Framingham P.S. BSEA # 11-1276 by 770MUvo


									                   COMMONWEALTH OF MASSACHUSETTS



&                                                            BSEA No. 11-1276

Framingham Public Schools


      This Corrected Ruling is identical to the Ruling on the School’s Motion to
Dismiss and/or Motion for Summary Judgment that was issued on January 11,
2011, with the exception of correction of three typographical or scrivener’s errors
noted by the Parent in her Motion for Clarification dated February 14, 2011. This
Corrected Ruling should be substituted for the original document.

       On November 1, 2010, Student’s parent (Parent) filed a hearing request
with the Bureau of Special Education Appeals (BSEA), in which she sought an
order from the BSEA directing the Framingham Public Schools (Framingham or
School) to reimburse Parent for the cost of a private occupational therapy (OT)
evaluation conducted on or about June 29, 2010. Parent claimed that she had
obtained the private evaluation in response to Framingham’s persistent failure or
refusal to conduct its own OT evaluation within prescribed time lines, and failure
to meet the Student’s OT needs.

       The School filed its Response to the Hearing Request on November 10,
2010, in which it asserted that Mother was not entitled to a publicly-funded OT
evaluation because more than 16 months had elapsed since the School’s most
recent OT evaluation of Student. Further, the School stated that it agreed to
conduct its own OT re-evaluation, after which Parent would be entitled to request
an independent OT evaluation, but Parent unilaterally obtained the private
evaluation without waiting for the School’s evaluation to be done.

        On November 17, 2010,1 the District filed this Motion to Dismiss and/or
Motion for Summary Judgment, stating that as a matter of law, Parent was not
entitled to reimbursement. Parent filed an Opposition on December 8, 2010. An
informal telephonic motion session was conducted on December 15, 2010,

 The School filed the Motion by fax on November 15, and the accompanying exhibits were
received by mail on November 17, 2010.
during which the parties discussed and clarified their respective positions. On
December 16, 2010, the School filed additional correspondence explaining its
position on a legal question posed by the Hearing Officer during the conference

                        SUMMARY OF UNDISPUTED FACTS

      The following factual summary is based on the documents accompanying
the Hearing Request, Response, Motion to Dismiss and/or for Summary
Judgment, and Opposition. 2 These facts are not in dispute.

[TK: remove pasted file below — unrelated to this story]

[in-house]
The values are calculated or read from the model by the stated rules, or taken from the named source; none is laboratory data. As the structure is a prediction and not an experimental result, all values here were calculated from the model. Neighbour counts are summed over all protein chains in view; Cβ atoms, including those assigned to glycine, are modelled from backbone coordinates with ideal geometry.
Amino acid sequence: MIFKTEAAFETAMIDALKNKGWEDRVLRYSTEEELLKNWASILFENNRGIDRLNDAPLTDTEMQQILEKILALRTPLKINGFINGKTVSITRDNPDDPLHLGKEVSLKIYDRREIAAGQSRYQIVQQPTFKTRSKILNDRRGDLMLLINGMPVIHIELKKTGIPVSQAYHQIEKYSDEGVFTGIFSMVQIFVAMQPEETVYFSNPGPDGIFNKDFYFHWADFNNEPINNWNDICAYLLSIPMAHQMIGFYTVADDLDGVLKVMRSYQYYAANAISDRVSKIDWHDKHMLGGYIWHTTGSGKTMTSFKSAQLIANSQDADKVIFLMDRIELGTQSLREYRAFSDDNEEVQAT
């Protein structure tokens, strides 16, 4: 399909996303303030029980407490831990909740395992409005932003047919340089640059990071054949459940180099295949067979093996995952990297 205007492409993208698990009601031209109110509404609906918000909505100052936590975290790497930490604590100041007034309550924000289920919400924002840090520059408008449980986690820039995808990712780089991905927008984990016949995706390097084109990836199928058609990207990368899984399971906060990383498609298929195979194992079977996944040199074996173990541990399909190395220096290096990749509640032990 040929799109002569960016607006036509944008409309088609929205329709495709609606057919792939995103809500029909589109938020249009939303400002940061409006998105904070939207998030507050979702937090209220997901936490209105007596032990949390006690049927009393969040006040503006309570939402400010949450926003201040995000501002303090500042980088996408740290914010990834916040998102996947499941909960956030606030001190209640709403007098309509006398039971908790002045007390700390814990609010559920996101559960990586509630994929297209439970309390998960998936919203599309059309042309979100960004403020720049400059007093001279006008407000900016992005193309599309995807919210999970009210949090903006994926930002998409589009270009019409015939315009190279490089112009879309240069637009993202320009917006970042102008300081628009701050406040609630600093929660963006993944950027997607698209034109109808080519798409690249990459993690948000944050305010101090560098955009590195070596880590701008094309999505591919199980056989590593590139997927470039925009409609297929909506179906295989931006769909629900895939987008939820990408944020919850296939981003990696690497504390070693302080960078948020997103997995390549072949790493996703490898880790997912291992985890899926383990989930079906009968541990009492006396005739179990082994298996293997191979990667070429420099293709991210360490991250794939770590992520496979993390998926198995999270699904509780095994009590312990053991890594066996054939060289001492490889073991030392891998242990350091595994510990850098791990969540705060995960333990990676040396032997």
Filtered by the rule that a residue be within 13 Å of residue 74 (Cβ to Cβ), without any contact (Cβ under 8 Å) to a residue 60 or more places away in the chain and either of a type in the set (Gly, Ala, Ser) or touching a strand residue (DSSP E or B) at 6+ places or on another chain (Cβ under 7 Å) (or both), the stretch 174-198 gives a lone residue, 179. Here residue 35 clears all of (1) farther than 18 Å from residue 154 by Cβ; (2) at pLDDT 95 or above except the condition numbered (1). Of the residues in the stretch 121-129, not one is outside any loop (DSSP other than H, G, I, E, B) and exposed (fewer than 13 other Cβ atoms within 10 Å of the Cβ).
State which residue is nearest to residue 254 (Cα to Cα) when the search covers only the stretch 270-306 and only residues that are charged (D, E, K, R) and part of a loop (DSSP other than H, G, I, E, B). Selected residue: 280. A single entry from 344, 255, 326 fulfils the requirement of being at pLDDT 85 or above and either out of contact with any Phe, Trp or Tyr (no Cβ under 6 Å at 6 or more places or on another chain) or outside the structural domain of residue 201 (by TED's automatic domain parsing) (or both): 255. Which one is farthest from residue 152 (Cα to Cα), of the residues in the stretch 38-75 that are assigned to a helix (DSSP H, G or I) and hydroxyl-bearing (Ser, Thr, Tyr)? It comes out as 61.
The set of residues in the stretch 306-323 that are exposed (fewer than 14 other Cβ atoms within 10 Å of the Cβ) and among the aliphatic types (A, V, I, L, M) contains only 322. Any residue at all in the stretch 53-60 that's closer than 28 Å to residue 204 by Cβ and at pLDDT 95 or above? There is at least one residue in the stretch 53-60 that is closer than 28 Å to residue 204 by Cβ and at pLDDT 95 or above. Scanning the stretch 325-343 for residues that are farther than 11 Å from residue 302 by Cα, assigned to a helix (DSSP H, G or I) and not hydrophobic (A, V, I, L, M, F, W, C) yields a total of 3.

Student is an eligible child with disabilities. The Framingham Public
Schools is Student’s Local Educational Agency (LEA) responsible for ensuring
that Student receives a free, appropriate public education (FAPE). Student
currently is a nine-year-old fourth grader attending a public elementary school in

        There is no dispute that Student is a very bright, capable child who excels
in the regular education classroom. Historically, the only service provided by
Student’s IEPs has been pull-out speech/language therapy to address difficulties
with articulation, together with some related accommodations. (SM-3) Student
also has some weaknesses in his handwriting skills, which will be discussed
more fully, below.

       In June 2010, Framingham issued an IEP for the 2010-2011 school year
(fourth grade), which addressed articulation issues. (SM-6) On July 22, 2010,
Parent partially rejected this IEP on the grounds that it omitted services and/or
strategies to address weak handwriting skills, as well as related MCAS
accommodations. Parent also requested reimbursement for a private (OT)
evaluation that she had obtained in June 2010. The following chronology
summarizes the remaining pertinent facts.

    1.     According to Parent, Student struggled with fine motor skills since he
           was very young. He received Early Intervention services for fine motor
           issues from infancy until he “aged out.” Parent had told Framingham
           she was concerned about fine motor skills when she enrolled Student
           in Kindergarten, and has continued to express her concerns about this
           area from that time forward. (Hearing Request)

    2.     On or about February 26, 2008, at Parent’s request, Framingham
           conducted an OT “screening” of Student. Student was in first grade at
           the time. This “screening” consisted of Framingham’s occupational

  Mother attached 39 exhibits to her Hearing Request, which will be designated Exhibits P-1
through P-39. The School attached 12 exhibits to its Response (SR-1 through SR-12) and 17 to
its Motion (SM-1 through SM-17).

     therapist, Ms. Debra Plugis, observing Student as he performed some
     paper-and-pencil and scissors tasks. Based on her observation, Ms.
     Plugis, recommended an OT evaluation as well as exercises and a
     pencil grip. (SM-1)

3.   On June 3 and 5, 2008, Ms. Plugis conducted an OT evaluation
     consisting of informal assessments and formal testing. This evaluation
     revealed overall average hand development, fine-motor, and visual
     motor development. He had “adequate” application of visual and fine
     motor skills. Ms. Plugis found that Student “may need” extra practice
     with spacing and shape of letters. He needed to practice keeping his
     elbows and hands off the table when using scissors. (SM-2)

4.   In an e-mail dated February 3, 2009 to the Evaluation Team
     Coordinator, Susan Wood, Parent requested an “updated OT
     screening” for Student, based on continued letter and number